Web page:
Levellers - air, hydraulic, or electric

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Tom

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While window shopping new coaches I noticed that some have two methods of levelling, viz hydraulic or electric jacks and air bag levelling. Does anyone have air bag levelling? What are the pros and cons? Is this something that can be retrofitted to my Monaco/Roadmaster 8-air bag chassis?
 

Ron

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I think there are a few in the framily that have air leveling.  I would think retrofit would be possible but at a signifficant cost.
 

JerArdra

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Tom,

I have had both Hydraulic and Air levelers.  I will always have air from now on because with air you...

Never have to put wood blocks under the Hyd pads

Air can raise or lower entire coach, WHILE YOU ARE SLOWLEY DRIVING IT, if and when needed at a steep drive way or wherever

Air does not rock as some people say.

Air has less tendency to torque or bend the frame.

Both air and hyd work well, it's just that air is more convenient.

JeryF
 

Tom

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Thanks Jerry. You dispelled one myth for me i.e. that air levellers don't rock. Someone suggested that they (air levellers) don't have the same amount of travel as jacks (?)

I assume air and hydraulic were both options when you bought your Executive (?)
 

JerArdra

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TOM,

With our Windsor Air levers were a $700 option.  On the Exec Air levelers were standard.  Monaco will put both on if a person wanted both although I cannot imagine why somepone would want both.  With air levelers on a Monaco it is extra stable because Monaco puts TWO air bags at each of the four wheels and one air bag on the tag axle wheel, 10 bags are very stable.

As for travel I get about 5 inches above ride height.  When they level first they lower the high side.  If that is not enough they then raise the low side, all automatically.

One other point, if you ever stay at a Wal Mart or in front of a friends house neighbors do not see Hydrauklic Jacks.

As Terry Brewer told me once you get air leveling you'll NEVER go back to Hydraulic...as he was right!!!

JerryF
 

Tom

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Thanks again Jerry. I heard from a mutual friend that another friend had both on his Monaco Windsor. I haven't talked to him to find out why he ordered both or if he prefers one to the other.
 

Terry A. Brewer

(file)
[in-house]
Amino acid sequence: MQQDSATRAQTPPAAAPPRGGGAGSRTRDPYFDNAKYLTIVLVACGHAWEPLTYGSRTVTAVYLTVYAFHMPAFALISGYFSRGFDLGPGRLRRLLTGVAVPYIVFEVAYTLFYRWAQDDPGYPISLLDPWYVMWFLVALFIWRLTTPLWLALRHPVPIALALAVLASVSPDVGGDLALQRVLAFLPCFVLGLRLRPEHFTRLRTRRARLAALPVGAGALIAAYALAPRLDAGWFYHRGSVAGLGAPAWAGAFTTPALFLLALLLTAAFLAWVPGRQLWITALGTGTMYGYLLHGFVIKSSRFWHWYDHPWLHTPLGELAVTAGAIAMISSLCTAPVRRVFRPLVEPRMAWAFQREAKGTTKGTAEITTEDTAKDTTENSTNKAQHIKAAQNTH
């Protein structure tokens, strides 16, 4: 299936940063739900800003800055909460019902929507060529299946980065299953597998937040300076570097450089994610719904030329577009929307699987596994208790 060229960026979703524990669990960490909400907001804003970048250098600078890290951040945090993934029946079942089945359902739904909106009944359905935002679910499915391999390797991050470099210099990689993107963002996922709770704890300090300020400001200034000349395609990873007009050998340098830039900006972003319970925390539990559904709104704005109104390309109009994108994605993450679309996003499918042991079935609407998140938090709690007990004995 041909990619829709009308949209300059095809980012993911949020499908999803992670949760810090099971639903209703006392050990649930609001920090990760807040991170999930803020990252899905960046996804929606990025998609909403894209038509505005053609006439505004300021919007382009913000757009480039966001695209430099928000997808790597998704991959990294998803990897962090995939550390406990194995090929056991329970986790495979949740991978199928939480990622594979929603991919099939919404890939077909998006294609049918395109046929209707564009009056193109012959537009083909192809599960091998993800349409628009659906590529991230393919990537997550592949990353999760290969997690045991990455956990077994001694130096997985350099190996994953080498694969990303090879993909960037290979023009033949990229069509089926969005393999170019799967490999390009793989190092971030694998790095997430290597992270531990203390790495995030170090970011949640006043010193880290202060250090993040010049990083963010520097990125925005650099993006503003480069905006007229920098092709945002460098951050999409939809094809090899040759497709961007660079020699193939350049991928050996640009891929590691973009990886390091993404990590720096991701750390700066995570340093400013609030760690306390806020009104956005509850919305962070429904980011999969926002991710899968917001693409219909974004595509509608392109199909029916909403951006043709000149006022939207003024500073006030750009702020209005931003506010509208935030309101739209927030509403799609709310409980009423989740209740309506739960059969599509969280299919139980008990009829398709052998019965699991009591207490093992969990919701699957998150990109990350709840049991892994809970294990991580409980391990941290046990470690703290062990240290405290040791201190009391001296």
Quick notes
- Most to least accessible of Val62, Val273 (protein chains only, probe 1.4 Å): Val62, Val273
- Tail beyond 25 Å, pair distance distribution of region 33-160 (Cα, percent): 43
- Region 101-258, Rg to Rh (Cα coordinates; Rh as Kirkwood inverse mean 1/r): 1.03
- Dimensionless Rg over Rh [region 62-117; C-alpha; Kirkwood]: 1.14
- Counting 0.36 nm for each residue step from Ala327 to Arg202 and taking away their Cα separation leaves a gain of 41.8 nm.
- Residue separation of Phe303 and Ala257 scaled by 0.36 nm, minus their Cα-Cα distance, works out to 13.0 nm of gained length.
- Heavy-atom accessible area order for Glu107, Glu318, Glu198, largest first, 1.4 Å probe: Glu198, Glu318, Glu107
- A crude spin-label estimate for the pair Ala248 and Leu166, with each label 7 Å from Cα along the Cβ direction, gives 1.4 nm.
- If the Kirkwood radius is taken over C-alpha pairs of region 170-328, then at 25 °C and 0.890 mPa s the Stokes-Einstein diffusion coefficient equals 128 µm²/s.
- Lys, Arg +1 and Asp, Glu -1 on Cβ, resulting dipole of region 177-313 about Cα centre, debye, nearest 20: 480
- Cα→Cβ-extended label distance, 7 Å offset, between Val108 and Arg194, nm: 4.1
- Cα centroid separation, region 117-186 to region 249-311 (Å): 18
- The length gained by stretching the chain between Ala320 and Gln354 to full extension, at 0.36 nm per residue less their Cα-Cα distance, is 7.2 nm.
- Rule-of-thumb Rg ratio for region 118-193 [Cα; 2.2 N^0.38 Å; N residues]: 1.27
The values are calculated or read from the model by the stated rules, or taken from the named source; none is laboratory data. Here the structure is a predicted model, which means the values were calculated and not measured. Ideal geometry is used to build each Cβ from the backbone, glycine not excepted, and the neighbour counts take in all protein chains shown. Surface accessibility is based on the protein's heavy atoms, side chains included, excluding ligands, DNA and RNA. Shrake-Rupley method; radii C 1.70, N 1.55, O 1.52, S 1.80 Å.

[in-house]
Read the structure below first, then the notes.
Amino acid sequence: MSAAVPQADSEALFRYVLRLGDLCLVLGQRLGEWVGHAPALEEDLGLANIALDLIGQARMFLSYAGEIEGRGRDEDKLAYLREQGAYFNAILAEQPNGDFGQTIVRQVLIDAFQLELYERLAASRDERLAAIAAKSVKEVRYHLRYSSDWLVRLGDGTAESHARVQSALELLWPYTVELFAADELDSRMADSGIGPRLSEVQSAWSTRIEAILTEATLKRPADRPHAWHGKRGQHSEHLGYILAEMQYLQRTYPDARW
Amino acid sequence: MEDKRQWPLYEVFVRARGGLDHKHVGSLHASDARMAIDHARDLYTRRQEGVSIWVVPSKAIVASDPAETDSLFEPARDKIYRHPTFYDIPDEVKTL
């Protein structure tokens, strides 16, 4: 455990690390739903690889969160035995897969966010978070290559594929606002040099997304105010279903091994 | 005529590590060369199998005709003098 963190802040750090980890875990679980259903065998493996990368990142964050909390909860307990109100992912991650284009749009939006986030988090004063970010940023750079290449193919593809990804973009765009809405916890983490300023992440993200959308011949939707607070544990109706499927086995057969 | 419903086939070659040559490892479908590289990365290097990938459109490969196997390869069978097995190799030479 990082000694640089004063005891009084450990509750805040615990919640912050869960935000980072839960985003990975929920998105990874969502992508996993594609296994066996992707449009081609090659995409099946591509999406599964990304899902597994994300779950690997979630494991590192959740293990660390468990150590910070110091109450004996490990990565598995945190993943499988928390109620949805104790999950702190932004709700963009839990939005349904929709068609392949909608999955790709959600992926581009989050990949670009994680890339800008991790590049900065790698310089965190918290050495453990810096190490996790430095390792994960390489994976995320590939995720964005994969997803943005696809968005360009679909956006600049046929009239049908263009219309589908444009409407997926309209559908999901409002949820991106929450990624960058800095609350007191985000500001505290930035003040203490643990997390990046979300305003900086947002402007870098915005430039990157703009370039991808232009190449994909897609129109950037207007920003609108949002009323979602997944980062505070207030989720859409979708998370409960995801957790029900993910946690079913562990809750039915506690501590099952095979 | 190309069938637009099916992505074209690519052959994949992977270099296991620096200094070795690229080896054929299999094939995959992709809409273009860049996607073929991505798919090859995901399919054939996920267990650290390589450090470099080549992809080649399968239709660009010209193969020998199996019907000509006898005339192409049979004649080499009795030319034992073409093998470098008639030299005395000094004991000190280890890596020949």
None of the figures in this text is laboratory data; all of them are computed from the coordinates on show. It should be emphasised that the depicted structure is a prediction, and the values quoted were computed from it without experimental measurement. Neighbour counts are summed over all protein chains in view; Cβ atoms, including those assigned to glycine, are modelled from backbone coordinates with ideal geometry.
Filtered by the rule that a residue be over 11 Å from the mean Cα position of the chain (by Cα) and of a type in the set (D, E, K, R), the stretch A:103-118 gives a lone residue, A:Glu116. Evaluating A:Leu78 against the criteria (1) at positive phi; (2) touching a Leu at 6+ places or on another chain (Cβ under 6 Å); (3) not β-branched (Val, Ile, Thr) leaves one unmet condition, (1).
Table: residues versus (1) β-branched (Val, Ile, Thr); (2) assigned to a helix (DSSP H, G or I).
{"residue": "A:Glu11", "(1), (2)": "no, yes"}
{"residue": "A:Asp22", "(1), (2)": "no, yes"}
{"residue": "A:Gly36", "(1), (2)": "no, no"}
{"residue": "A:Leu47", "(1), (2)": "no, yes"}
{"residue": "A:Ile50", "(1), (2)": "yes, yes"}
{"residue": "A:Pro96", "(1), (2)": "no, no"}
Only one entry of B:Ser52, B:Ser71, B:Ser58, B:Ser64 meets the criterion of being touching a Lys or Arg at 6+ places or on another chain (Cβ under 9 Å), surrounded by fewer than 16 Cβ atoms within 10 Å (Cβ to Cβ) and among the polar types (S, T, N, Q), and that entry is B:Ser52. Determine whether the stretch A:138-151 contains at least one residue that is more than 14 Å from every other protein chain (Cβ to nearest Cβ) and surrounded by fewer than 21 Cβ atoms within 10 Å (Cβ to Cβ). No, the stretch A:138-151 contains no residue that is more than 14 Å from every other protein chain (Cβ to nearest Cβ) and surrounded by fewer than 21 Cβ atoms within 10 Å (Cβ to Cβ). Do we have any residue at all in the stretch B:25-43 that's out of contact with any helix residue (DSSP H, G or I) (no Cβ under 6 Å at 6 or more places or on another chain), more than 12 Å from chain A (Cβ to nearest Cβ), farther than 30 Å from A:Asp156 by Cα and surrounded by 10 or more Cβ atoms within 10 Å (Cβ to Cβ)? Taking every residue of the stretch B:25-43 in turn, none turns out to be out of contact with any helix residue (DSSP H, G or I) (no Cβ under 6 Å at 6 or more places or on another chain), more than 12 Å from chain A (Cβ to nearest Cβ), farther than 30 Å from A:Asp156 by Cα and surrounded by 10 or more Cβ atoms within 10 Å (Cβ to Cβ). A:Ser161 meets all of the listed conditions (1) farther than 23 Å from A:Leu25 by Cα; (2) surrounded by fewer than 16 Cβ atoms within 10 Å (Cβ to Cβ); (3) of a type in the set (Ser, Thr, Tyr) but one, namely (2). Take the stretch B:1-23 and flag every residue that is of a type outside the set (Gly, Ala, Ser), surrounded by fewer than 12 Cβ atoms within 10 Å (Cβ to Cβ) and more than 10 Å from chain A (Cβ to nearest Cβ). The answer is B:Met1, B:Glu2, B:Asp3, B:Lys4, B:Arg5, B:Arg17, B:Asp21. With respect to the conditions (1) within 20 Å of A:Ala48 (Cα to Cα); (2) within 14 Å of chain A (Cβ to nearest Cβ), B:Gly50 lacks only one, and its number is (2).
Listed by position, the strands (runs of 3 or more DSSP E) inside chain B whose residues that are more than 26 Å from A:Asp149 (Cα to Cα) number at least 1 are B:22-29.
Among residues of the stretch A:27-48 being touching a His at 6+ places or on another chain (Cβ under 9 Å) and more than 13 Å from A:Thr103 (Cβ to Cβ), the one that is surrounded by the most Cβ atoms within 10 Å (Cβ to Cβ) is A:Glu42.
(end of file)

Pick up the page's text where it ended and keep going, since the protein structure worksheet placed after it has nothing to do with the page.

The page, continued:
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Tom

>>Does anyone have air bag levelling? What are the pros and cons? <<


Two things my coaches must have are air leveling & hydronic heating.? On my coach with the larger air bags I do have some rocking if they are extended all the way up, but it is not objectionable to Betty or me.? There could be a problem in leveling in very uneven spaces like forest campgrounds but you can't take these large rigs in their anyway.<G> In over 10 years of using air leveling I have only been unable to level twice & I do a fair amount of boon docking.

The pluses are many, no leaks, no getting stuck in the ground, no problem retracting, no buzzers, unobtrusive when parked in rest stops or Walmarts. All the high end coach's use air leveling except for Bluebirds.? When I had a failed air ride height valve I was able to level the coach with the leveling system? pull a fuse & drove it for over 1500 miles until I could get it fixed.

Terry
At Clark fork, ID


 

Ron

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You speak highly of air leveling.  The Eagles now have air leveling but it wasn't an option when we got the 99 so we will be satisfied with Jacks.  Most everybody I know that has air leveling likes it.  But I don't think we would go buy a new coach to get air leveling. ;D

 

Terry A. Brewer

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Ron

>>But I don't think we would go buy a new coach to get air leveling.<<


Party-Pooper.<G>


Terry
At Clark Fork, ID
 

Tom

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Thanks Terry.

BTW is hydronic heating the same as Aqua Hot (heats the coach and hot water using diesel)?
 

John From Detroit

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JerArdra said: